Hope after Heartache: Colorado Couple Comes Alongside Grieving Parents
By Carl Stagner
Their world came crashing down in June 2013. Described as an “amputation” of the family’s heart, the tragic loss of Rich and Kelly Packard’s son Derek left not only a gaping hole in their household, but also residual emotional and spiritual effects that could have torn a marriage apart. Instead, this couple’s faith in Jesus brought them together through countless nights of incomprehensible grief into a new day of hope after heartache. Seven years later, they’re doing whatever they can to help other couples caught in the snare of despair after the death of a child. Now Church of God pastors and lay leaders have a trusted resource referral, should it be needed, God forbid, in the aftermath of such unspeakable tragedy.
Every husband and wife suffering the loss of a child, no matter the age, is a target for the enemy of our souls. Marriages and entire families have fallen apart when crisis strikes, even within the church. Rich and Kelly Packard learned so much from their experience that they cannot keep it to themselves. Framed in Scripture, and in constant view of the God of all comfort, they’ve sought to create a weekend experience in the mountains of Colorado for married couples dealing with the death of a child. Like Jesus, who found respite physically apart from the craziness of crowds and society (Luke 5:16), Rich and Kelly understand the need for a getaway, and for more than a book, something beyond a grief group, and something greater than a transfer of information from a pulpit. Hurting couples must experience retreat.
“Living Hope Mountain Respite (LHMR) fills a unique gap that exists in broad scope grief support resources in our churches and communities,” Kelly explains. “Though these resources are no doubt supportive, due to the expanse of life circumstances that cause grief, there is simply not enough resources to meet specific grief needs. LHMR is focused specifically on the marriage relationship and the relational strain placed upon a marriage due to the death of their child. Our personal marriage journey of relational strain experienced through the death of our son, Derek, uniquely allows us to step into this gap and comfort other marriages with the comfort we ourselves have received from God (2 Corinthians 1:3–4).”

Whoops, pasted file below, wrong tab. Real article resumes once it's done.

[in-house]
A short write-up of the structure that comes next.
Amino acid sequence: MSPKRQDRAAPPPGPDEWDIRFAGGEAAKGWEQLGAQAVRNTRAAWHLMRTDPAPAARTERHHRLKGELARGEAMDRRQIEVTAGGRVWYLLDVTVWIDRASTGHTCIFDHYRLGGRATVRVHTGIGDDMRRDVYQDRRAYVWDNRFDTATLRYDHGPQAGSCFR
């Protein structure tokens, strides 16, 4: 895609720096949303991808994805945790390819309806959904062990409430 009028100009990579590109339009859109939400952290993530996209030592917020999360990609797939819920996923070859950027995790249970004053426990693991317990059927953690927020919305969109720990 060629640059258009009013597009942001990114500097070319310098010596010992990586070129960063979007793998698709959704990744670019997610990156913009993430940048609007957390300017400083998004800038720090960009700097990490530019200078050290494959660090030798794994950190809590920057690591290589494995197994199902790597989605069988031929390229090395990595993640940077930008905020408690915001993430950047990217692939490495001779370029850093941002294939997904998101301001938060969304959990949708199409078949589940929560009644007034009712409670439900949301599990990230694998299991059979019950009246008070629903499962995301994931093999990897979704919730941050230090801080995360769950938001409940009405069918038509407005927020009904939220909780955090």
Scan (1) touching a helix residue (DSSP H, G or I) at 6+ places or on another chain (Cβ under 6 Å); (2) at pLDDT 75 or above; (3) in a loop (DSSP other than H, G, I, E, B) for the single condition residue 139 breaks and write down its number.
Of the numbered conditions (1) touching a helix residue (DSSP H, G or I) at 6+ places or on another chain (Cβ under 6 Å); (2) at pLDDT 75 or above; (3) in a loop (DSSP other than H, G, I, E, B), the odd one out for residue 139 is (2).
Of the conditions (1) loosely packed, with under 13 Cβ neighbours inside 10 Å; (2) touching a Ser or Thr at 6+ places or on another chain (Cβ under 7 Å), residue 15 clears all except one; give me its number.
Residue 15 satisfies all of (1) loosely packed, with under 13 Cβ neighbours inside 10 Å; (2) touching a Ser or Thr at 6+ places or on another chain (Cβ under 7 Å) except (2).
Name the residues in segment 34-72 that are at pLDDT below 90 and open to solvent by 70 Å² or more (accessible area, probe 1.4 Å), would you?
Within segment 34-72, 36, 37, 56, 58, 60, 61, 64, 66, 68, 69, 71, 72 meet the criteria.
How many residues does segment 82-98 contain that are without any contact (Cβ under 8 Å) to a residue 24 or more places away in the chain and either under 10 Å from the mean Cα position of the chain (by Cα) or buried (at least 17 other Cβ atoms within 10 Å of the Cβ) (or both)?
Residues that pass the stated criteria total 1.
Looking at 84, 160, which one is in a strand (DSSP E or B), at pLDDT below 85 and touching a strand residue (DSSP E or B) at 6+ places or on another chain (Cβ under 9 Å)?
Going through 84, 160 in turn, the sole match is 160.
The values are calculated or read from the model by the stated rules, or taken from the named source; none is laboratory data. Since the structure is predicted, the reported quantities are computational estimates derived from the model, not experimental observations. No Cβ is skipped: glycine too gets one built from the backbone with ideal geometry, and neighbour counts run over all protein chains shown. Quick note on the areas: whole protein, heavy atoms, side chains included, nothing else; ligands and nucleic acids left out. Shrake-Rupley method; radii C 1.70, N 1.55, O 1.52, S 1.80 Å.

Weekends in Colorado with Rich and Kelly Packard include Bible-based curriculum providing practical solutions for the journey of grief the couples never wanted to embark upon. Plenty of time is built into the schedule for fellowship, food, recreation, allowing room for married couples to spend necessary moments alone. A sample schedule is available on their website.
Neither Rich nor Kelly are ordained ministers or professional counselors, but their theology and counsel are spot-on. They recognize the strain grief has on both the individual parent and the marriage relationship. In response to the truth of Christ holding all things together (Colossians 1:17), they conclude that Christ can also hold a marriage together. Kelly reflects, “Rich daily turning his heart toward Jesus; Jesus transforms his brokenness. Kelly daily turning her heart toward Jesus; Jesus transforms her brokenness. Rich and Kelly turn intentionally toward each other after we have turned to Christ first; the marriage experiences transformation from brokenness.”
Kelly thinks back on the emotional toll their loss had on their emotions and how they endured.
“We recognized that our next breath was literally a struggle to take in due to the intense emotional pain,” she recounts. “We learned reliance on him in a way that creates depths of sweet intimacy with our Savior. The relational intimacy with Jesus starts to swallow the despair. We start to have an emotional capacity to function in our marriage in a healthy way.”
The Packards were living in Indiana and a part of the Madison Park Church of God congregation in Anderson when tragedy struck in 2013. Years earlier, they’d graduated together from Anderson University, then College, where they first met. Remembering fondly their days at AU, the Packards recently recorded an interview with Anderson University’s Alumni Network. They also brought to mind what they appreciated so much about Madison Park Church of God, then under the pastoral leadership of now Church of God Ministries general director Jim Lyon.
“Youth pastors and other pastoral staff members that intentionally pursued relationship with our sons,” she cites. “Both of our sons had spiritual mentors directly from the pastoral staff—a parent’s largest gift from a church!”
Kelly remembers never wanting the worship services to end, as the inspirational dynamics were like a “glimpse into glory, perhaps.” She’s also thankful for Pastor Jim, who she remembers as having communicated Spirit-led wisdom from the Scriptures with intellect and eloquence to “spur others in the faith onward.”
But Jim Lyon also remembers Rich and Kelly, and can’t say enough about the couple’s qualifications and character. He sees Living Hope Mountain Respite as a useful resource for pastors across the Movement and beyond.
“I am thankful how they are finding something that gives life in the wake of their loss,” Jim writes. “Derek’s passing was a dreadful tragedy; even as their hearts were shredded, Rich and Kelly carried themselves through those days with great dignity and faith.”
Learn more about Kelly and Rich Packard, their ministry, and bookmark them as a resource for your church, at www.livinghopemountainrespite.com.